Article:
The next tweet was from a local foodie acquaintance who said “The Joe Beef Double Down can’t be a real thing. Bacon, mayo, cheese btwn 2 battered & deep fried foie gras slices, drizzled with maple syrup.”
Now it is possible that because Joe Beef is not battling a public outing as a diabetes patient, he wasn’t criticized for even suggesting such a thing, let alone serving it as his restaurant and possibly publicizing it in his new cookbook that lotsa foodies are all agog over online. Or is something else at stake?
I mean, many of the famous foodie folks and they’re a touch on the overweight side. Emeril Lagasse? fat. Mario Batali? fat. Ina Garten? fat. Alton Brown isn’t fat, but he’s lost weight and he’s had heart trouble. Emeril Lagasse damned near creating Food Network single-handedly with his Bam! and his “more can’t hurt” philosophy. Each one of Mario Batali’s sausages are 30% fat, same as Paula’s. Ina Garten doesn’t shy away from butter use.
But none of them sound Southern. None of them were on welfare as single parents with children. The other guys are a bit snobby for most of the folks living in the diabetes belt. Paula’s not. She’s comforting. She sounds like yer mom, or somebody’s mom. She laughs, she has fun, she uses a lot of butter. But she also creates recipes like this one for White Bean Chili which sound pretty danged tasty and healthy. (And it has been online for more than 2 years, if you’re going to go all “of course she put up healthy recipes now!”)
Every cook on Food Network Television has made a ton of unhealthy dishes and made them look great and appetizing. But Paula’s son joked about how she ate “deep-fried butter” so a fan created a recipe for it and came on the show to help her make it for a special episode. And foodies freaked out. Since then, Paula has become the queen of food that is really, really bad for you, the Queen of Deep-Fried Butter.
But is it her food we dislike so much? Is it her tendency to take tons of “bad for you food” and make it on our TV? If so, then why aren’t we up in arms about Mario Batali’s Mozzarela Carozza? Is it because we know what “deep fried butter” is, but Mario’s recipe sounds fancy. Know what it is? 1/2 pound of fresh cheese put between 2 slices of Wonder bread and pan-fried in butter. Or is it because Mario didn’t have to get famous by becoming a joke of himself? Is it because we couldn’t dare to take Paula seriously as a cook, so she took the road to success that let her raise her kids and pay her bills, and turned herself into a joke at her own expense?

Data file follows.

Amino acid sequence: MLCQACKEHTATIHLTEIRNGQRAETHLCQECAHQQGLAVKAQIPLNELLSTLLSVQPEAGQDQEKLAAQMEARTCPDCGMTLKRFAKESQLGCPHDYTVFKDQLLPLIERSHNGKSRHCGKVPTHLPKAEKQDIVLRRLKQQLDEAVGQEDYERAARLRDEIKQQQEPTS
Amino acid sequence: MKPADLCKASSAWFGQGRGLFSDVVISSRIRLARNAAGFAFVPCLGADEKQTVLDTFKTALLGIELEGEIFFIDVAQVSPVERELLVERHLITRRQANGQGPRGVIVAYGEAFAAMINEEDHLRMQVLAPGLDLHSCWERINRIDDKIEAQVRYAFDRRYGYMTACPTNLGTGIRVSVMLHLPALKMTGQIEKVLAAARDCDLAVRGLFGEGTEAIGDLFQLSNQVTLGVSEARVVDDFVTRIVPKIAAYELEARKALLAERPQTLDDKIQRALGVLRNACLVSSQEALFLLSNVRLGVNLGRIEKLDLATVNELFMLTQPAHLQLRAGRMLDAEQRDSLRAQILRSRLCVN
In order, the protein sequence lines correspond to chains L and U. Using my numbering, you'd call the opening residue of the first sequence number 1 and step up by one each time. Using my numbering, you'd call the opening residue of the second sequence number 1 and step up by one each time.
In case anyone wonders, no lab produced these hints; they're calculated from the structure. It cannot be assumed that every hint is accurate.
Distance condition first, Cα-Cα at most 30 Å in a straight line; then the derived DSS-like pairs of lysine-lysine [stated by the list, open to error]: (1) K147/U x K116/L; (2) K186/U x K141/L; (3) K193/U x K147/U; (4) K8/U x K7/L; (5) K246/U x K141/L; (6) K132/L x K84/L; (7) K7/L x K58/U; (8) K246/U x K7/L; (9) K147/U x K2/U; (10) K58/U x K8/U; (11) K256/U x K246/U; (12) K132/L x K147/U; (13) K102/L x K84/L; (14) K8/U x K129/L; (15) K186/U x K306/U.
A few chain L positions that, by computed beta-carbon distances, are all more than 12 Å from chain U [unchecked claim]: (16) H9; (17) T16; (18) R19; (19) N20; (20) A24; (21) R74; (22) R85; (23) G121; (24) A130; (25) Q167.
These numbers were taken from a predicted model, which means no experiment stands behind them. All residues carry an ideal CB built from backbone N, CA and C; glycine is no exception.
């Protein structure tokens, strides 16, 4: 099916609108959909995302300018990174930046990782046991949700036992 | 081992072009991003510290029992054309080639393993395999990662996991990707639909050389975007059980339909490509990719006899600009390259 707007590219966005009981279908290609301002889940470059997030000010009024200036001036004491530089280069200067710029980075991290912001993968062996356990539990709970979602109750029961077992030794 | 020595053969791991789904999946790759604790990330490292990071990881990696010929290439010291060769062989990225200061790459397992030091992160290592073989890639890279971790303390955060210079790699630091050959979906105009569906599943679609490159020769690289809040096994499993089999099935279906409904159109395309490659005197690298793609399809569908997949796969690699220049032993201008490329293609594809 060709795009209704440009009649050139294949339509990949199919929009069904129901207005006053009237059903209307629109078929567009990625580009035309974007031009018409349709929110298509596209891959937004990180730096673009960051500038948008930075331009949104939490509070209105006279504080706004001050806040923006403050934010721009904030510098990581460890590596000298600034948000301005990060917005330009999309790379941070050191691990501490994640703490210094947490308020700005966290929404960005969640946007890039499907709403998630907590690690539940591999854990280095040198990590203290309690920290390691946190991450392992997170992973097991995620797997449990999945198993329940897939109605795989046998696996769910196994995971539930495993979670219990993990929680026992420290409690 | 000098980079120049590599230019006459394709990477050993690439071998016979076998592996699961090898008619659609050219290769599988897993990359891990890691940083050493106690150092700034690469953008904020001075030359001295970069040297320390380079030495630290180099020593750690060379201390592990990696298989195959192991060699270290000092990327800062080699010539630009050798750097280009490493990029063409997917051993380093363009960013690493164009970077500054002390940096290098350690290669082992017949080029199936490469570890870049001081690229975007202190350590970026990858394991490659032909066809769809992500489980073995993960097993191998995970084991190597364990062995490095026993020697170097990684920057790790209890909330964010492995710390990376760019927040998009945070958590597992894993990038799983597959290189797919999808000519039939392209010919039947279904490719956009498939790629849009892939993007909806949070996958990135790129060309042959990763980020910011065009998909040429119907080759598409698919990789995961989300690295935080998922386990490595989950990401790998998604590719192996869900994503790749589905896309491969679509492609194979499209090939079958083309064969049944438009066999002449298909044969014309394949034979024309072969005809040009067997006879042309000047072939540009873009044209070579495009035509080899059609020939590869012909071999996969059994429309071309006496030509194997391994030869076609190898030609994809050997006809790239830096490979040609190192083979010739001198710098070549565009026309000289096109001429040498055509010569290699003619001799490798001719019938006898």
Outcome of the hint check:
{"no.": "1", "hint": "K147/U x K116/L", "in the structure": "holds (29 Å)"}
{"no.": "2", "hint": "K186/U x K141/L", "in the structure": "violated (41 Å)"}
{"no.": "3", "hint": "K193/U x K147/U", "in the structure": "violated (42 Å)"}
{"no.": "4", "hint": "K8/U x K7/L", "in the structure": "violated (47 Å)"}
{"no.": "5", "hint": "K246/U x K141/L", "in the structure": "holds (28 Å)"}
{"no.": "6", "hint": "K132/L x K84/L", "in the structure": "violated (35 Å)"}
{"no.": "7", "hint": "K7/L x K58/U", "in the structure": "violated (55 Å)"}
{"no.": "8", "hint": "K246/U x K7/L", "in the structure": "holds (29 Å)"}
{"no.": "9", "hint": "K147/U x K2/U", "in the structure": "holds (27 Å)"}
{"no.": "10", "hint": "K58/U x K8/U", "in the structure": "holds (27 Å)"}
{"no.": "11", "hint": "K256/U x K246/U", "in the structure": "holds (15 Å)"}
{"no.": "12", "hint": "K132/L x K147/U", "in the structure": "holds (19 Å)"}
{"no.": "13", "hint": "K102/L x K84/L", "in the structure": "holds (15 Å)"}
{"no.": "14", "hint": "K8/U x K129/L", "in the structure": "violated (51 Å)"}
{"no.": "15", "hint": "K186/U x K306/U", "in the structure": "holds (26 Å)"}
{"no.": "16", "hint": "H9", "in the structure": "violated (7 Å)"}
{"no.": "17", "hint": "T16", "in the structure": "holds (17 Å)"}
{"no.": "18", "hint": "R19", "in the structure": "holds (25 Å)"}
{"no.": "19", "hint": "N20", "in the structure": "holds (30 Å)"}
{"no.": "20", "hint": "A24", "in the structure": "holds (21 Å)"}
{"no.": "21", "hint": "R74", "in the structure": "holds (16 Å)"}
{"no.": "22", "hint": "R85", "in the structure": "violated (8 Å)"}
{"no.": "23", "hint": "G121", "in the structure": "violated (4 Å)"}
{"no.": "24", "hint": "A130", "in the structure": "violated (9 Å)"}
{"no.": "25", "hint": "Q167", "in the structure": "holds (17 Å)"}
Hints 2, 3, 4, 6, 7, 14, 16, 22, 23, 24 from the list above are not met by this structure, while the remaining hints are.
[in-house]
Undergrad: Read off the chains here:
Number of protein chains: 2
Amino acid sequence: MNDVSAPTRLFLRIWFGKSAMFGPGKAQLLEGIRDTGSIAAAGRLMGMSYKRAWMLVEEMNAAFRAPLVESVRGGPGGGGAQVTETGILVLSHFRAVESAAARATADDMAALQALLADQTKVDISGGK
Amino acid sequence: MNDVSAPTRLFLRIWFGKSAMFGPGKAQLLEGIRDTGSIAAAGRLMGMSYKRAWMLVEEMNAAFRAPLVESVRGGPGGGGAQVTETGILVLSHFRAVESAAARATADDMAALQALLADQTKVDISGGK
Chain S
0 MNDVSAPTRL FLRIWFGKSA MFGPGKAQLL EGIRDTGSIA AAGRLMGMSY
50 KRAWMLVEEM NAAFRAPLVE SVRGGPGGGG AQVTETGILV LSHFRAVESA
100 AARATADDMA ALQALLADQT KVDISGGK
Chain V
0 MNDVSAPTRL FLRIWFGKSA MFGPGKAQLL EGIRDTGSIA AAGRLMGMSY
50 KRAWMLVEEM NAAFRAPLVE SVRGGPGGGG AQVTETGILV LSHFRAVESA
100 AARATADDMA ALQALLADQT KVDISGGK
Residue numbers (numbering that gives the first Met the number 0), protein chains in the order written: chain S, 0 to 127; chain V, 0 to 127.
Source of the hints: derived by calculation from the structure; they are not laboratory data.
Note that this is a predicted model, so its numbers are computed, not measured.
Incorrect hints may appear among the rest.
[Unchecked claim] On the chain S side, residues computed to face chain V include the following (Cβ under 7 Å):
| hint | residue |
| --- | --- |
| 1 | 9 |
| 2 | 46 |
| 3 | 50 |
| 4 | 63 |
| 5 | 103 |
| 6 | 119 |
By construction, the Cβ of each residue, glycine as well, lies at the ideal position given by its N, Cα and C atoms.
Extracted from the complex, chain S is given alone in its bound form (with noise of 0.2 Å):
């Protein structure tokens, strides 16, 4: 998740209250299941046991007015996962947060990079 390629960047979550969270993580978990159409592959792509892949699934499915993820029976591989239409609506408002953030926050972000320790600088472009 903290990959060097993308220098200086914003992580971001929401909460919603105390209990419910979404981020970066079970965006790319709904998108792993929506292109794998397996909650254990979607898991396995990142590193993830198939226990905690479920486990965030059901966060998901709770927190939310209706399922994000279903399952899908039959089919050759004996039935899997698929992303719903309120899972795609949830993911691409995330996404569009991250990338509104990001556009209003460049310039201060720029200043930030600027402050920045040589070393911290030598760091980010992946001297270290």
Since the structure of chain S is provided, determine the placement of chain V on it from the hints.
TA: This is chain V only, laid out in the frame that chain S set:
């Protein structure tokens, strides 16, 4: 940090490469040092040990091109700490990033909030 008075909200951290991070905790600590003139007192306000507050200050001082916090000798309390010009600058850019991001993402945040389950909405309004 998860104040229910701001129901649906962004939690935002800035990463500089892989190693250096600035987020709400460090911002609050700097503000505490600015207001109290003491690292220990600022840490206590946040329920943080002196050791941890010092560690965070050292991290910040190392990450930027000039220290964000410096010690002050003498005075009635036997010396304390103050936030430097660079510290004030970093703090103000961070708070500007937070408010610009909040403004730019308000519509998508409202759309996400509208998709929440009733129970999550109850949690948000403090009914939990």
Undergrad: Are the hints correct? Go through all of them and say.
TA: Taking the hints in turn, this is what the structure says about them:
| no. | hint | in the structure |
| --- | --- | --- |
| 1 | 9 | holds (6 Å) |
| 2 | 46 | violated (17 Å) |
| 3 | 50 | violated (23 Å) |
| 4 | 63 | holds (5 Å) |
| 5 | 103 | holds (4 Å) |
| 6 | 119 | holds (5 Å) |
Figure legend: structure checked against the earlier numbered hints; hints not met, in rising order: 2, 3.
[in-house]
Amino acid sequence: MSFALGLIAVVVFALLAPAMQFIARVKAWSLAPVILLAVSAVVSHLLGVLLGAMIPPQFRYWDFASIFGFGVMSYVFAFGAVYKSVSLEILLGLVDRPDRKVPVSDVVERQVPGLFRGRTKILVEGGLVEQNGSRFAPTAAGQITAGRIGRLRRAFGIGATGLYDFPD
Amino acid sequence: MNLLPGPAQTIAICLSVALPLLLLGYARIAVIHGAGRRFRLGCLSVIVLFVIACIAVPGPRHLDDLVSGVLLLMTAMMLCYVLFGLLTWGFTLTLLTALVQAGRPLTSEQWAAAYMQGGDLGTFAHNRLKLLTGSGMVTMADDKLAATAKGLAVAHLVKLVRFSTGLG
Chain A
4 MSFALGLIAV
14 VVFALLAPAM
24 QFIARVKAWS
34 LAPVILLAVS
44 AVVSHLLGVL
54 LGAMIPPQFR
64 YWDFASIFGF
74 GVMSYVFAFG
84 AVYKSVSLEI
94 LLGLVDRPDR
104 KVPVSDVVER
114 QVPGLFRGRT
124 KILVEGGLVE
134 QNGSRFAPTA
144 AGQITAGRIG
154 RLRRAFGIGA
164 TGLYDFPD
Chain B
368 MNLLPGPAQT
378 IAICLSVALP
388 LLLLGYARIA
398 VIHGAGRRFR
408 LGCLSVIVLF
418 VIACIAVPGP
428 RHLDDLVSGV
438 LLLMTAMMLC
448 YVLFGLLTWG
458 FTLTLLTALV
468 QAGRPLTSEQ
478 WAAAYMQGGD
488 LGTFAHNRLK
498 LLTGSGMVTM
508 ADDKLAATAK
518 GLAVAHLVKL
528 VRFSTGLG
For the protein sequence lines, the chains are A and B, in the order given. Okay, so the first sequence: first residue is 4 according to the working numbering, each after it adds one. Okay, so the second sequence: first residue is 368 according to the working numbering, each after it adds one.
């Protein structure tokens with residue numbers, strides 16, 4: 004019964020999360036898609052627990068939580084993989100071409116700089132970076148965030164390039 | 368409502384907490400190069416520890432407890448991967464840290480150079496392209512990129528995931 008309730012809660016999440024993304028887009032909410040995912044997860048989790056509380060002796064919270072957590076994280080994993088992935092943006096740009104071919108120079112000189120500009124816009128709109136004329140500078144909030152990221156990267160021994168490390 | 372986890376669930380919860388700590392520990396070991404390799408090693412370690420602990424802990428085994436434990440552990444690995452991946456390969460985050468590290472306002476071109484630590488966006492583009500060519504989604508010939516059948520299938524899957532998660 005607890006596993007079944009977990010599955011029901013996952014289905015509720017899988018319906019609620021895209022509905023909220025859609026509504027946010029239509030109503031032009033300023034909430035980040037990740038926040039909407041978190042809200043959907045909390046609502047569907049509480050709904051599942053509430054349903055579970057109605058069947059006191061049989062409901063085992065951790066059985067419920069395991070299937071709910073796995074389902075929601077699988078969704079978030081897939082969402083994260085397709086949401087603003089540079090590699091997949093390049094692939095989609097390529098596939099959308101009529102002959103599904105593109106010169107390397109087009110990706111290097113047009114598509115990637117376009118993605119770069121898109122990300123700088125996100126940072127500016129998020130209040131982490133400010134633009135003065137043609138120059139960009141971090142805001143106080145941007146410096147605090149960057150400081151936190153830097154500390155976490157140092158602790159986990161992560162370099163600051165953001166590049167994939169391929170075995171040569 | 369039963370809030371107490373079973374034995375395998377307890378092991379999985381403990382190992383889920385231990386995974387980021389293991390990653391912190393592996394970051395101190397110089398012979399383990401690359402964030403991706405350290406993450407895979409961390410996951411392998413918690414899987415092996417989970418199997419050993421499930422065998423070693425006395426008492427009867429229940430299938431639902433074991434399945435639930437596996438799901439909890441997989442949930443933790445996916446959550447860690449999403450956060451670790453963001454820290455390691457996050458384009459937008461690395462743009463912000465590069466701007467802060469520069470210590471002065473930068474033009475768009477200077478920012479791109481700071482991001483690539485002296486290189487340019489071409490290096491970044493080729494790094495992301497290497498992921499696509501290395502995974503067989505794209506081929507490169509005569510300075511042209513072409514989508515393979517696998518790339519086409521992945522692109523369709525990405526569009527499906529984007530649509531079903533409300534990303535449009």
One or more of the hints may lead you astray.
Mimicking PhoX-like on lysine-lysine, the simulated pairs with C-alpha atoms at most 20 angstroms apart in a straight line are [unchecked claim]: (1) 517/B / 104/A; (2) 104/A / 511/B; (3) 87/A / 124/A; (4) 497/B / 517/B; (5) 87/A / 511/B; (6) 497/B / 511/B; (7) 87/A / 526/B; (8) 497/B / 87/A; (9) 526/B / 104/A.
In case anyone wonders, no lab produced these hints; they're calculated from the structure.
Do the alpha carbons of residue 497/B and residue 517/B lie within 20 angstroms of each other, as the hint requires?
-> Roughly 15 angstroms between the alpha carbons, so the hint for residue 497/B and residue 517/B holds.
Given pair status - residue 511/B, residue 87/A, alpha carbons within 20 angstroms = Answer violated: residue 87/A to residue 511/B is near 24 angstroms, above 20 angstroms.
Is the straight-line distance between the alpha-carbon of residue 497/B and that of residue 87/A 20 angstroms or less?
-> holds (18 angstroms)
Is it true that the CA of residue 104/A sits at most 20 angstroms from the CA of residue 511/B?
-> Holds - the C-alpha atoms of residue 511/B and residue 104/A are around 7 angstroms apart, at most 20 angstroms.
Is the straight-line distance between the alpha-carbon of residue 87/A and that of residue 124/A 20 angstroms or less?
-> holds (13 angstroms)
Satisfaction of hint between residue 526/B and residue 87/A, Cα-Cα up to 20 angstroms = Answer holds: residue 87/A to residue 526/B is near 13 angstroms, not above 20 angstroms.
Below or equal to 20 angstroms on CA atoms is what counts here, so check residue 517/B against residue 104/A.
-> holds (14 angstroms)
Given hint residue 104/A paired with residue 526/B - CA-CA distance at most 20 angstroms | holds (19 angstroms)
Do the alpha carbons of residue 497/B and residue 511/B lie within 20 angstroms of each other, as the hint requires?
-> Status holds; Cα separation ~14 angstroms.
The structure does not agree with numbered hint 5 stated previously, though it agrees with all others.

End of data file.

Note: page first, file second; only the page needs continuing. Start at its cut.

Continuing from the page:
I find it hard to believe that if Mario Batali told the world he was diabetic that the reaction would be the same. No one would say he was a fat cow who deserved diabetes because he gave others diabetes. But Paula, being female, Southern, and of a different “class” (even though she’s rich now, she’s still no Ina Garten, right?) she’s treated differently. I think all of these factors weigh into the public approach to her diagnosis.
I’m glad she’s talking about it publicly 3 years after she found out. I am glad she had time to deal privately with this. I’m glad that she is finally talking about. Because I’m hopeful that others will hear her symptoms, they’ll see themselves in her, and they’ll get treatment of their own illness. They may even end up taking the same medicine she does to regulate their illness, just like she does. And in the end, more people are likely to get treatment, to begin getting well (or at least better, because no one gets over diabetes), to begin understanding their bodies better. If this public announcement had happened right after she found out, I’m not sure she’d have the ability to be the voice of her people now. I think we should be proud of her now. Reading her brief letter to her fans about facing diabetes head-on is nice. But I disobeyed my general rule of not reading comments and read some of hers on this post. The commiseration of people who see themselves reflected in her is uplifting and fulfilling. And that is what Paula’s message has always been for those who watched her show and saw their mother in her smile.